Government has entered into an agreement with Great Dyke Investments (GDI) that would see the new player in Zimbabwe’s platinum mining sector enjoying a five-year tax break.
This follows that approval of Special Mining Agreement signed between government and GDI.
According to Statutory Instrument 26 of 2021, published in the Government Gazette Thursday, the agreement is effective from January 1 this year.
“The receipts and accruals must be generated from the exploitation of the of the Platinum Group metal deposits in Darwendale,” a statement from the Ministry of Finance and Economic Development said.
GDI will be exempted from paying income tax and additional profits tax for the said period while shareholders would also enjoy a tax break as tax payable on dividends is also being exempted.
“The consequence of this approval is that the receipts and accrual of the Great Dyke Investments are exempted from income tax for a period of five years from the date of receipts of the income from mining operations and sales of mining output.
“Resident shareholders’ tax payable on dividends to shareholders of Great Dyke Investments resident in Zimbabwe in connection with special mining lease operations of the company.
“Additional profits tax for a period of five years commencing from the date of receipt of income from mining operations and sales of mining outputs payable in respect of the special mining lease area for any year of assessment.”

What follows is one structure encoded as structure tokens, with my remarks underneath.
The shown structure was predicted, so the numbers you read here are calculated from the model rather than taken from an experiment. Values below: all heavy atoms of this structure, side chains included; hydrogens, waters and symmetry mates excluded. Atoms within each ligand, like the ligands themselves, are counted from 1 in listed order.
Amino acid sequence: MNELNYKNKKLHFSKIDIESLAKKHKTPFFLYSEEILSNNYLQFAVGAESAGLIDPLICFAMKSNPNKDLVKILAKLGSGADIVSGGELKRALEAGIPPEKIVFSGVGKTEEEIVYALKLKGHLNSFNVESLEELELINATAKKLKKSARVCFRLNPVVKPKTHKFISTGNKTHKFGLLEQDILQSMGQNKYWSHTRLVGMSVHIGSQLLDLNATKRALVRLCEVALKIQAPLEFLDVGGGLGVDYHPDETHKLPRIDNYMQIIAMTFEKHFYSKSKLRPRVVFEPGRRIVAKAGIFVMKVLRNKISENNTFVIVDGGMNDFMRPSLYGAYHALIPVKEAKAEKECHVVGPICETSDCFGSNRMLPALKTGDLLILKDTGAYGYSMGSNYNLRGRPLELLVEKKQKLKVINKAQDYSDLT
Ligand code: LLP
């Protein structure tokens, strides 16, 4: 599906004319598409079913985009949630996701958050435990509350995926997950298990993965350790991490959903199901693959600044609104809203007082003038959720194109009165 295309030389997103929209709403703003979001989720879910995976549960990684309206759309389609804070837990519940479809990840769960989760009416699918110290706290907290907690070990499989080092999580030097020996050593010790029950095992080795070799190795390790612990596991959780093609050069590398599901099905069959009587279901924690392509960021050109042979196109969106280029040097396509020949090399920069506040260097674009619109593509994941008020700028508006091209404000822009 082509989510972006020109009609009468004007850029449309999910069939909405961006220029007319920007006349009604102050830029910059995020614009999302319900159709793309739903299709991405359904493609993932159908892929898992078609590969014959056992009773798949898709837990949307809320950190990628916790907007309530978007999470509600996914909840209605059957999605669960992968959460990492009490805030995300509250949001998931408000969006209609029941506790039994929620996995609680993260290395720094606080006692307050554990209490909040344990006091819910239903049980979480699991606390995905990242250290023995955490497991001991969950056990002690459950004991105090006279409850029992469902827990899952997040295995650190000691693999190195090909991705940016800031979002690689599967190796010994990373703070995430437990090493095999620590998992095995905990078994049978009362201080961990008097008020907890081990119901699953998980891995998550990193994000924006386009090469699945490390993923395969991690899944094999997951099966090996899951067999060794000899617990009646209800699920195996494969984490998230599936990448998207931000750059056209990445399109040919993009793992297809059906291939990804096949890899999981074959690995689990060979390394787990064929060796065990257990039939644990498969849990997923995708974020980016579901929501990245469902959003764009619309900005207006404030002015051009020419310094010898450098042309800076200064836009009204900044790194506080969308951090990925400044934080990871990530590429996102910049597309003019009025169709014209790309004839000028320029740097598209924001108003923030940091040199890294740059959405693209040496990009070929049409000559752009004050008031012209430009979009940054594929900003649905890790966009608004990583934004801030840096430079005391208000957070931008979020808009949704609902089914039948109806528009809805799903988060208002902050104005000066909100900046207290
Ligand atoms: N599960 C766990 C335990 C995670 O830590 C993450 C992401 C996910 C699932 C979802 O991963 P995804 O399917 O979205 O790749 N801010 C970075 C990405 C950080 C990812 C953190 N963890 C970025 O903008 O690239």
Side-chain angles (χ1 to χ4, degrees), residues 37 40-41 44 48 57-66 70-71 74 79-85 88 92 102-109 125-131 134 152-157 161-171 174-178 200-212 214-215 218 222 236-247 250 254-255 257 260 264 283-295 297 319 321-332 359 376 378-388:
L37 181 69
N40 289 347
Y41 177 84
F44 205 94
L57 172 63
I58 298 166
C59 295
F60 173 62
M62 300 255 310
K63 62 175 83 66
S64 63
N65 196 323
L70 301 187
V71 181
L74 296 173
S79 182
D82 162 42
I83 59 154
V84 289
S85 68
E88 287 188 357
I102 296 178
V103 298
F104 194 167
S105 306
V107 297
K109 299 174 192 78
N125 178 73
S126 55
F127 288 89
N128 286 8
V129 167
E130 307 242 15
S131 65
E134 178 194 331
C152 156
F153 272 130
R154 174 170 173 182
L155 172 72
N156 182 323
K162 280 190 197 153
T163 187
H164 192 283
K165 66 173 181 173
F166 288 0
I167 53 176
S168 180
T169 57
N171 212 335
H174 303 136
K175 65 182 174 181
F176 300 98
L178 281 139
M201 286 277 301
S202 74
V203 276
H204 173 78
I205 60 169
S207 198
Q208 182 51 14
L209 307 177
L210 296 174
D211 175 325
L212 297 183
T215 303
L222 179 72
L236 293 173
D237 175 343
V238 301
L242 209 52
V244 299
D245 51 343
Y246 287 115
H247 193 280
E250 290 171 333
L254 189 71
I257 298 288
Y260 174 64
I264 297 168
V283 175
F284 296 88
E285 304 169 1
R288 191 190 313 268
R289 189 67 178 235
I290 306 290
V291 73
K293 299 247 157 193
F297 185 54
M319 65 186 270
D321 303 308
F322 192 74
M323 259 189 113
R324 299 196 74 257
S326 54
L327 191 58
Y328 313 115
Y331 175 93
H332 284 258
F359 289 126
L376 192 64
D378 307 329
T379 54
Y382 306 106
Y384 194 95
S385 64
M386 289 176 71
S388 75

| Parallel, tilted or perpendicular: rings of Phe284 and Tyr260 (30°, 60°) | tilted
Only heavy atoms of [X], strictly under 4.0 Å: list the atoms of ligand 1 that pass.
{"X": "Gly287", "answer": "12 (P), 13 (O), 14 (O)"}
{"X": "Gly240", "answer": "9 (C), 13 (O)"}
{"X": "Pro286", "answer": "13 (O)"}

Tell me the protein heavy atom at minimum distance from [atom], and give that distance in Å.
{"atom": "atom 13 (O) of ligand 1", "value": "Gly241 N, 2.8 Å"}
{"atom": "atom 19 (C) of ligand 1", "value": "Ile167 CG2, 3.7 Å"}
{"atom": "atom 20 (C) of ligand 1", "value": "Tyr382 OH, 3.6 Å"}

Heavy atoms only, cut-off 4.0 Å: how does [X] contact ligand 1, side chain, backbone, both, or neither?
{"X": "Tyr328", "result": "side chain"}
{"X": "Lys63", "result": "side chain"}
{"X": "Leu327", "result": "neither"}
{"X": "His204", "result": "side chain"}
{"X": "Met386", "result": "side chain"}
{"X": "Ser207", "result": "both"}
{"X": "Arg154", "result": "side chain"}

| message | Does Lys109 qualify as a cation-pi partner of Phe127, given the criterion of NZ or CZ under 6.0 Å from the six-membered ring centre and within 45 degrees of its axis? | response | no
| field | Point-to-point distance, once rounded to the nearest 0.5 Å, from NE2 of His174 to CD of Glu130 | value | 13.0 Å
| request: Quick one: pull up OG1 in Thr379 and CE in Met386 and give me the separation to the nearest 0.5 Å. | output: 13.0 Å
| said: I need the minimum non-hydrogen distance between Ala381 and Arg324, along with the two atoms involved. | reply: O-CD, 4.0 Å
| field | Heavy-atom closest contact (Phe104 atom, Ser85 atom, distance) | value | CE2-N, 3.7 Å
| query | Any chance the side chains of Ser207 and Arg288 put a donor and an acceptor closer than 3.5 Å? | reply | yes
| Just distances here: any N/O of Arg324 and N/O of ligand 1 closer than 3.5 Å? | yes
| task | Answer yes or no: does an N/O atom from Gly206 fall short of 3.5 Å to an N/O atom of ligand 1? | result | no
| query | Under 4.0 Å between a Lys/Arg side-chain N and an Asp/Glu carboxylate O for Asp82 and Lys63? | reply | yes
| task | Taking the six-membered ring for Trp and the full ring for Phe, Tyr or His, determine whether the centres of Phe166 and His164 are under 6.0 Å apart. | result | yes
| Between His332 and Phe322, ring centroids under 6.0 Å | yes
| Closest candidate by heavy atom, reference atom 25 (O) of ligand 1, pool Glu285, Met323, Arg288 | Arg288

Commenting on the deal, Zimbabwe Environmental Law Association (ZELA) economic governance officer, Tafara Chiremba said the deal represented revenue foregone for Zimbabwe and is detrimental to the resource mobilization efforts of the Treasury.
“Tax exemptions represent revenue forgone and they can cost the government’s domestic resource mobilization efforts if they are not properly thought of in terms of the cost and benefits. Such important financial policy decisions should be subjected to public consultations so that there is transparency and accountability,
“This development is coming at point where there are genuine concerns from ZELA, and the Publish What You Pay Zimbabwe (PWYP) Chapter and other CSOs working on natural resources governance issues that the mining sector has not been contributing significantly to the fiscus and service delivery due to a number of reasons including awarding of harmful tax incentives.
“Already, there are duty concessions that are being accessed by the mining sector (that is, rebate of duty on goods for the mining industry, rebate of duty on goods for prospecting and search for mineral deposits) which represent revenue forgone.”
GDI is 47 percent owned by government-linked firm Kuvimba Mining and Afromet JSC, wholly owned by Russia’s investment and industrial group Vi Holding, which has spearheaded the Darwendale project since its inception in 2013.
The Darwendale project will be implemented in three phases and is expected to produce 860,000 ounces of PGM and gold per year at full capacity.